SBE Looks Back at Its First 40

SBE Looks Back at Its First 40
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The SBE is looking back over its first 40 years.
The society will salute its anniversary during the spring NAB convention, at its membership meeting on Tuesday, April 20.
The first 100 members in attendance will receive a commemorative memento. There will be door prizes including a digital camera to a lucky winner.
This week the SBE released a summary of how far it has come, recalling that it started as a gathering of approximately 100 broadcast engineers at the Conrad Hilton Hotel in Chicago during the 1964 NAB Convention. SBE now has 5,500 members in 107 chapters.
Excerpts from the SBE-supplied history:
"That first official meeting, April 5, 1964, came after several years of discontent over a merger between the Institute of Radio Engineers and the American Institute of Electrical Engineers (now the Institute of Electrical and Electronics Engineers, or IEEE). Some felt the merged organizations would not serve the needs of the broadcast engineer well.
"John Battison, the editor of Broadcast Engineering at the time, wrote an editorial suggesting the time had come to organize a new organization for broadcast engineers. The editorial received a favorable response but no one came forward offering to organize the new group. Finally, Battison decided to do it himself, running an application form in his magazine and, with help from his family, writing letters to more than 5,000 television and radio engineers in the U.S. and Canada.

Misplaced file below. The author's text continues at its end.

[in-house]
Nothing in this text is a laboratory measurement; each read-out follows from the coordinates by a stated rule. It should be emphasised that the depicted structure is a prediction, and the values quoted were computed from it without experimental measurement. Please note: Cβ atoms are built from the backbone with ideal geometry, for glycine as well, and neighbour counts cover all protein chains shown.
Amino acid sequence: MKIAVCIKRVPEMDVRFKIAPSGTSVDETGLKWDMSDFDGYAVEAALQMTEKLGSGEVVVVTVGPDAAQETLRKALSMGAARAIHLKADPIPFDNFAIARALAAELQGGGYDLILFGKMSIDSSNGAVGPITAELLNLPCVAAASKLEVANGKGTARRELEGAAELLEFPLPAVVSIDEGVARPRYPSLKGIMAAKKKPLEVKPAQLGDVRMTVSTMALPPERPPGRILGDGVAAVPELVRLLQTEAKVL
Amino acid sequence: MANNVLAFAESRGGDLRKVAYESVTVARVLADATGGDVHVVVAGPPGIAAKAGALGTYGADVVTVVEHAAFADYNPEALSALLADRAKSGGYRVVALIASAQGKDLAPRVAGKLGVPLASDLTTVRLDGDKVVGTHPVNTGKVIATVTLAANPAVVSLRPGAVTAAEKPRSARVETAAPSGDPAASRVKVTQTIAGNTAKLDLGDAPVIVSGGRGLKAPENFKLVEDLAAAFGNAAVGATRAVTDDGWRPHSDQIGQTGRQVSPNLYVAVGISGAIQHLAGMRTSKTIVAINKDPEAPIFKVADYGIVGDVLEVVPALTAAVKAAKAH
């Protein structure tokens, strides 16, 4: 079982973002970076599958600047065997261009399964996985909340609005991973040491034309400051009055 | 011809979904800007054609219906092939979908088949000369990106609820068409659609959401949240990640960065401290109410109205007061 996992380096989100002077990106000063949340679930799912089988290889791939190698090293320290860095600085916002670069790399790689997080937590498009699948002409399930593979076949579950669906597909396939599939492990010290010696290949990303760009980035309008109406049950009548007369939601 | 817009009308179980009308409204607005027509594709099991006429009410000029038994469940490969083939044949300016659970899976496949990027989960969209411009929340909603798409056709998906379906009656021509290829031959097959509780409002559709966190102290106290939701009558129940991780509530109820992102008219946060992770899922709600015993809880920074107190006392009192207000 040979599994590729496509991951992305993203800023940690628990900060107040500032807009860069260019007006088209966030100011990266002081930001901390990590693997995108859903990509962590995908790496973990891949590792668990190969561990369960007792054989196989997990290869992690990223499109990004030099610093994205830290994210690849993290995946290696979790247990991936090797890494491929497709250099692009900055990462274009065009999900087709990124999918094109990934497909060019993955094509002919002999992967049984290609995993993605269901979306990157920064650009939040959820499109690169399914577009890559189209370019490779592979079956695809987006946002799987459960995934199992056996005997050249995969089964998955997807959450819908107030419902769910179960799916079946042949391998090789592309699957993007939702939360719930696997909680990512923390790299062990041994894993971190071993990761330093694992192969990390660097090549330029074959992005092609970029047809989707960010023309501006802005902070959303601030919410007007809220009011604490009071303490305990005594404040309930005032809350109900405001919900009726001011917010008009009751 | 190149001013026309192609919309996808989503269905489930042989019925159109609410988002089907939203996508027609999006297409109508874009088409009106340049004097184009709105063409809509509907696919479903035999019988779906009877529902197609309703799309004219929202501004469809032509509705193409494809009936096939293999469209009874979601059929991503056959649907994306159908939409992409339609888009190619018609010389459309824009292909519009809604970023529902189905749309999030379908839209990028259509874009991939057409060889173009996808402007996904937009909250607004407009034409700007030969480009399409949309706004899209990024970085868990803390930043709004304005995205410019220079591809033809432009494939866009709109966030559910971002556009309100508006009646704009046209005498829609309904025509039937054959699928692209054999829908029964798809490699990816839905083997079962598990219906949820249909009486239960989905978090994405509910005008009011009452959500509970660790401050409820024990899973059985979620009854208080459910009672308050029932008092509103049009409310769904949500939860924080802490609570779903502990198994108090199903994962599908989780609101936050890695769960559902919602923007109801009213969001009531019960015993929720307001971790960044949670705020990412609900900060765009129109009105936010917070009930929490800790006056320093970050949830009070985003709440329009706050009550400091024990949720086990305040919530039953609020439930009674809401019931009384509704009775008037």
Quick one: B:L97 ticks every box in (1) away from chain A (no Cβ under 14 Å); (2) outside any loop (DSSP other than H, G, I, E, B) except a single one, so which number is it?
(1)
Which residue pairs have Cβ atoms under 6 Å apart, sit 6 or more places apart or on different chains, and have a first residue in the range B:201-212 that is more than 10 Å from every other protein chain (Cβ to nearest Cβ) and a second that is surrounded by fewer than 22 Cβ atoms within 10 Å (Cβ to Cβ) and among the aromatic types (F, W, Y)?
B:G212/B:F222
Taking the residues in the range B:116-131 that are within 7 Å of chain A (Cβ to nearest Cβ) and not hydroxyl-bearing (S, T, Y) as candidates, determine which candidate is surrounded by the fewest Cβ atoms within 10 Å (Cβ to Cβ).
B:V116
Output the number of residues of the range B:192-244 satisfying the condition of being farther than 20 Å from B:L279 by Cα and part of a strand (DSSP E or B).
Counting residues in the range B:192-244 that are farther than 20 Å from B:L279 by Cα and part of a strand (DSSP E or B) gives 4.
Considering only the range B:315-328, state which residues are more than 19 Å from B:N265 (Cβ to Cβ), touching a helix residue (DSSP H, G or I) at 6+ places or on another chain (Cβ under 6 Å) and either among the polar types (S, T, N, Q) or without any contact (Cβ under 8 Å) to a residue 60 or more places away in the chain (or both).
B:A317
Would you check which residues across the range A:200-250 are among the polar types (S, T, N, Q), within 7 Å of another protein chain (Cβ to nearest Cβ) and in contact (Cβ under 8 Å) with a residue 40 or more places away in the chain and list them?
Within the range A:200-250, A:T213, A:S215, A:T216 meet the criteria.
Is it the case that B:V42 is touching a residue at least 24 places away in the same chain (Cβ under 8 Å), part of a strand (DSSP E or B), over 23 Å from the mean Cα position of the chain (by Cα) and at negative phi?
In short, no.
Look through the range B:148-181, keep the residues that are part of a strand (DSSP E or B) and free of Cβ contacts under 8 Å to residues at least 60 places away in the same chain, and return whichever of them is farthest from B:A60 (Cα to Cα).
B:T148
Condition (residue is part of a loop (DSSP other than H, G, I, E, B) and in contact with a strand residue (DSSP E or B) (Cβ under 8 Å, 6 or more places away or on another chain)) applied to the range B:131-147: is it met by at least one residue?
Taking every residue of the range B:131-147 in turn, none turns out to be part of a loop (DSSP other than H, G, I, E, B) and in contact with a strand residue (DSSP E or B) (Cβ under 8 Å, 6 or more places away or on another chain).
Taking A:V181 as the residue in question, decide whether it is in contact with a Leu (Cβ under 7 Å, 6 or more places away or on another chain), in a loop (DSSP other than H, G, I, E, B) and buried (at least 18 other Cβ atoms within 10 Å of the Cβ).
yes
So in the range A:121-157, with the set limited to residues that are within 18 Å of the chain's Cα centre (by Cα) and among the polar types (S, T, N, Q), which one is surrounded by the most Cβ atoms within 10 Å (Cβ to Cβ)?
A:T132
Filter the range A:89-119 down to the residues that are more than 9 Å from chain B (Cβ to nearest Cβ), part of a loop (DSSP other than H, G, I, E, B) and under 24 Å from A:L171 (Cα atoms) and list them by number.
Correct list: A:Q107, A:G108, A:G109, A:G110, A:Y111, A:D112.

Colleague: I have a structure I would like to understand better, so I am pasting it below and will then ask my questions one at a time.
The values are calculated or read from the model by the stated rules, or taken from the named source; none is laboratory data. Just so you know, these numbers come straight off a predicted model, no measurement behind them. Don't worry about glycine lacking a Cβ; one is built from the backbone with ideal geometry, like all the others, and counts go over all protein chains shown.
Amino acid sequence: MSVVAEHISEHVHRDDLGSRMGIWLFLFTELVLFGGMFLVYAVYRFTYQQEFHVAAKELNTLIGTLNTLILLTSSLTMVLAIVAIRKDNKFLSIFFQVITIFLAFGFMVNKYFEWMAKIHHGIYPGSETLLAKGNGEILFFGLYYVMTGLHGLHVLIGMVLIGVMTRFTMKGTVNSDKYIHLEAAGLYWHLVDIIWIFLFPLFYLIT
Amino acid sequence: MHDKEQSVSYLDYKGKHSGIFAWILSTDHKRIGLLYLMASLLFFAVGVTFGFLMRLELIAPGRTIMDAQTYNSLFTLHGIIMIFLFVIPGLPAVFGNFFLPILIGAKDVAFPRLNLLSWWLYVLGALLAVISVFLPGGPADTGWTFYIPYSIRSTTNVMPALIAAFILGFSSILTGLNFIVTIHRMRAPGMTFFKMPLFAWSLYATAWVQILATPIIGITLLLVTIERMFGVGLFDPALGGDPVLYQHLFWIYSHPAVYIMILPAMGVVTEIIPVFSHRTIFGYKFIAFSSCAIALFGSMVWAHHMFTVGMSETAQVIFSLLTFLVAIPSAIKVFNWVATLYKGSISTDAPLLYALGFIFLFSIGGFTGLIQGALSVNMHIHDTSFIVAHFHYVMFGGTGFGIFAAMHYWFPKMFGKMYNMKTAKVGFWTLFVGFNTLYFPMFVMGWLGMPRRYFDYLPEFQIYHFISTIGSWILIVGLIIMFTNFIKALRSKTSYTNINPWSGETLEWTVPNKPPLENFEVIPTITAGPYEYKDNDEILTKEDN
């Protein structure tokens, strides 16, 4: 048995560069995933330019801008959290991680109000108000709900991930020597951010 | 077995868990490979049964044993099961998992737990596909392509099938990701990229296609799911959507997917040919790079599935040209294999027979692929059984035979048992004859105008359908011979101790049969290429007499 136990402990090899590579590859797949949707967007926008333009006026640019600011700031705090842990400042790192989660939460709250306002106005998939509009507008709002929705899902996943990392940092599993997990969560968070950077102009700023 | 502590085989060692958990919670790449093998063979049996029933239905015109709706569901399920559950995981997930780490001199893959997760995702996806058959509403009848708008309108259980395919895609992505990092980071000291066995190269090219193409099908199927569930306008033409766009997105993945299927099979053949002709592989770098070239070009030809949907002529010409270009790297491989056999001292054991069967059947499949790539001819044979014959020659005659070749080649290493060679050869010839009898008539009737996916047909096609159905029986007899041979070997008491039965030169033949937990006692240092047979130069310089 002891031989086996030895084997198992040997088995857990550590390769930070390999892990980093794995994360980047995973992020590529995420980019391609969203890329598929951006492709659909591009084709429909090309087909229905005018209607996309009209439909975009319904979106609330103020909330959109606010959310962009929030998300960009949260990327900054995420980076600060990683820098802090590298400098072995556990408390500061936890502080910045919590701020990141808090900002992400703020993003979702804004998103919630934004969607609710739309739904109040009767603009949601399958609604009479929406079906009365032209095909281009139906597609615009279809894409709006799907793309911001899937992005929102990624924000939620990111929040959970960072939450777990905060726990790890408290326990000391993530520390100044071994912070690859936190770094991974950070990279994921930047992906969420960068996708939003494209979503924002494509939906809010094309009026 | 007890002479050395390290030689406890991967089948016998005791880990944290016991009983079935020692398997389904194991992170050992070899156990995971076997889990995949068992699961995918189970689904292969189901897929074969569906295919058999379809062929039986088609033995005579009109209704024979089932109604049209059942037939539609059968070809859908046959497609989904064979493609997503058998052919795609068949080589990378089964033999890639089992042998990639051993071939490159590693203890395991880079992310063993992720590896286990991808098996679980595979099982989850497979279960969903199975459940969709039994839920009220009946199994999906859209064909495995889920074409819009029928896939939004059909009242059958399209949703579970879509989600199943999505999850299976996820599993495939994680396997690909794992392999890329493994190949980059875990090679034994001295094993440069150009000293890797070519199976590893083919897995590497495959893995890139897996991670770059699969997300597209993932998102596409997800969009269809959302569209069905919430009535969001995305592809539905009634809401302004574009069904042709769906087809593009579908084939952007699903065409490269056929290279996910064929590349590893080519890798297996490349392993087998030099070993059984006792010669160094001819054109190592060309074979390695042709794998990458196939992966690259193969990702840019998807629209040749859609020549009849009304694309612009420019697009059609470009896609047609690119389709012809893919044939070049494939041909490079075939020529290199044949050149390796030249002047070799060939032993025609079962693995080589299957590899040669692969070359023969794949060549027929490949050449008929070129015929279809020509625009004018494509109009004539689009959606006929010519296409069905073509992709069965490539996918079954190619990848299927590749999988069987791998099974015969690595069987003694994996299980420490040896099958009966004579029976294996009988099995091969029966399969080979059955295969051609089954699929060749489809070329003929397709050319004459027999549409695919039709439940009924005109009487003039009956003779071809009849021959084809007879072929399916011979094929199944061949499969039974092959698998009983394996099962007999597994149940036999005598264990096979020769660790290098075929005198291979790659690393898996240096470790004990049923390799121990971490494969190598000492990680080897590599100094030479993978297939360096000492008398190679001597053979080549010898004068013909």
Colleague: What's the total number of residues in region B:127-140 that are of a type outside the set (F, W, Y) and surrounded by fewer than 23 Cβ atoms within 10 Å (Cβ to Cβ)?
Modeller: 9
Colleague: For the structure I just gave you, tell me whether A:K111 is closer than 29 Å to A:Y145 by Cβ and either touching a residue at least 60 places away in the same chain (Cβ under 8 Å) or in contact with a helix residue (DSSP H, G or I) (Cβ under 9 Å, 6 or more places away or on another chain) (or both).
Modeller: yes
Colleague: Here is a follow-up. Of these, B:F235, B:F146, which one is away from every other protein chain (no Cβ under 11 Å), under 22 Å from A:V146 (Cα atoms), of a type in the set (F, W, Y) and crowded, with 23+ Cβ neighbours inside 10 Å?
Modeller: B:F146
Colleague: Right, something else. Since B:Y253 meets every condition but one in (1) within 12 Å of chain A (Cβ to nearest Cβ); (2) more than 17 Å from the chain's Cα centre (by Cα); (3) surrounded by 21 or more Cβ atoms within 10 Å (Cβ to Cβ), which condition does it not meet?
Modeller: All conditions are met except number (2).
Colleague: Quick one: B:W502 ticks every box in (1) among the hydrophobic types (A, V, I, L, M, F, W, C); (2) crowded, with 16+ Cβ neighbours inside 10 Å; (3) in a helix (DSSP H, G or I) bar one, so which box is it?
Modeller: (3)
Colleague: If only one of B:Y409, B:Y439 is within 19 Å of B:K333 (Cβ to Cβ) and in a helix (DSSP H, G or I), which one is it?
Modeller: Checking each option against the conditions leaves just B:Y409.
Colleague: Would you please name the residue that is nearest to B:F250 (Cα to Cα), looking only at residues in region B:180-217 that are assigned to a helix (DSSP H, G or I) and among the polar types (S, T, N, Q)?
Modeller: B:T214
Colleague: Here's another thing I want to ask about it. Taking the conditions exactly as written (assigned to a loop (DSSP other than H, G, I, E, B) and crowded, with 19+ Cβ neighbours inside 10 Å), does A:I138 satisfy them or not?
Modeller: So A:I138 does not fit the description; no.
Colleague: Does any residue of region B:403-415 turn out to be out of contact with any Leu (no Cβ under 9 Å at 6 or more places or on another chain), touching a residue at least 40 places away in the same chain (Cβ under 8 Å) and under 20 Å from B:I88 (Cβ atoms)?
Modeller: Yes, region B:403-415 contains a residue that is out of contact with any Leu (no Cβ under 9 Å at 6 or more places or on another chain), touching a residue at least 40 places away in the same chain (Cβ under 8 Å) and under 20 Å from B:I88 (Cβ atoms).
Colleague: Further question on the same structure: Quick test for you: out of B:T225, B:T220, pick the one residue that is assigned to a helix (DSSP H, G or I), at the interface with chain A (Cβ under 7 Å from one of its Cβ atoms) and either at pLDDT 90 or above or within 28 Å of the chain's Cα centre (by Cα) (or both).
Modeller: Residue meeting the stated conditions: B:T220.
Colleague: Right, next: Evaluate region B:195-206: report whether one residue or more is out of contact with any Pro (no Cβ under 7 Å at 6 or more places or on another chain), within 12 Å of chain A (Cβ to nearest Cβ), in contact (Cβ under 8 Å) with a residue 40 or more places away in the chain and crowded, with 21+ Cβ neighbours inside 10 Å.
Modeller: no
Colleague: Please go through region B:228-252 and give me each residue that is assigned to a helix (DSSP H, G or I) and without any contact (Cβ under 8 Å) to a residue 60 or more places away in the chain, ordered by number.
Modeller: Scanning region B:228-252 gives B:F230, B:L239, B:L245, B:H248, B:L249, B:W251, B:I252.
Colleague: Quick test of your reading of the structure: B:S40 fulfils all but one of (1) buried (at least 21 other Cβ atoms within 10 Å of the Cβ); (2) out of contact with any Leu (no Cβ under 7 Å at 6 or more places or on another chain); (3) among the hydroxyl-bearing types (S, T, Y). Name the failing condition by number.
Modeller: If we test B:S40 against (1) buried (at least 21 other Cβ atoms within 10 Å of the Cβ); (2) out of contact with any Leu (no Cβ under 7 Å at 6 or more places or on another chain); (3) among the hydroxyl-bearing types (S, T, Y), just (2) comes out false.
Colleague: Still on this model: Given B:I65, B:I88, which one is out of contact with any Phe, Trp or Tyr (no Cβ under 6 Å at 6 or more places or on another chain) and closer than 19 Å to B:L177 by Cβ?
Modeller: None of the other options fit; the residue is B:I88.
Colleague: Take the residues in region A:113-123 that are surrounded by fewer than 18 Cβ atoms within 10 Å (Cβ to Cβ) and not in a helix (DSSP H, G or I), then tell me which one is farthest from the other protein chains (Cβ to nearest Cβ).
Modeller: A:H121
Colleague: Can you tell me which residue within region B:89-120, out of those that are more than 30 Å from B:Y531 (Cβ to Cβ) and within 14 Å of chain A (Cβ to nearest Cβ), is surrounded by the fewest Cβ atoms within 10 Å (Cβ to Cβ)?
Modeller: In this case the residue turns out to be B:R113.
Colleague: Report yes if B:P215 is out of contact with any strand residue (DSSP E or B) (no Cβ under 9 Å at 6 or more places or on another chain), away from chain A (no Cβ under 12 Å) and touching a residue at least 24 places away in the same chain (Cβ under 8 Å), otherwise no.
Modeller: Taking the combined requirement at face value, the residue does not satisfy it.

"Battison's efforts led to an informal meeting in Binghamton, N.Y., in the latter part of 1963, which led to the first official meeting of the Institute of Broadcast Engineers at the NAB convention the following April.
"The first official business of the organization was to change its name. Those in attendance felt there would be confusion between the new IBE and the International Brotherhood of Electrical Workers and they didn't want their new professional organization to be confused with a labor union. They voted at that very first meeting to change the name to the Society of Broadcast Engineers. Battison became the organization's first president. He is still active as a broadcast engineering consultant and writes a regular column that appears in Radio magazine, sister publication to Broadcast Engineering.
"On the occasion of SBE's 40th anniversary, Battison reminisced, 'The Society of Broadcast Engineers was conceived in my office in Washington, D.C., in 1961. It was born in 1964 in The Willard Room 'C' in the Chicago Hilton, courtesy of NAB, and today, on its 40th birthday, it is a strong and hearty force in broadcast engineering thanks to the members who followed after me.'"
Current President Raymond Benedict said SBE's role today includes chapter meetings, educational programs, certification for broadcast engineers, volunteer frequency coordination and representing the interests of broadcast engineers with the FCC and other agencies. Info: www.sbe.org

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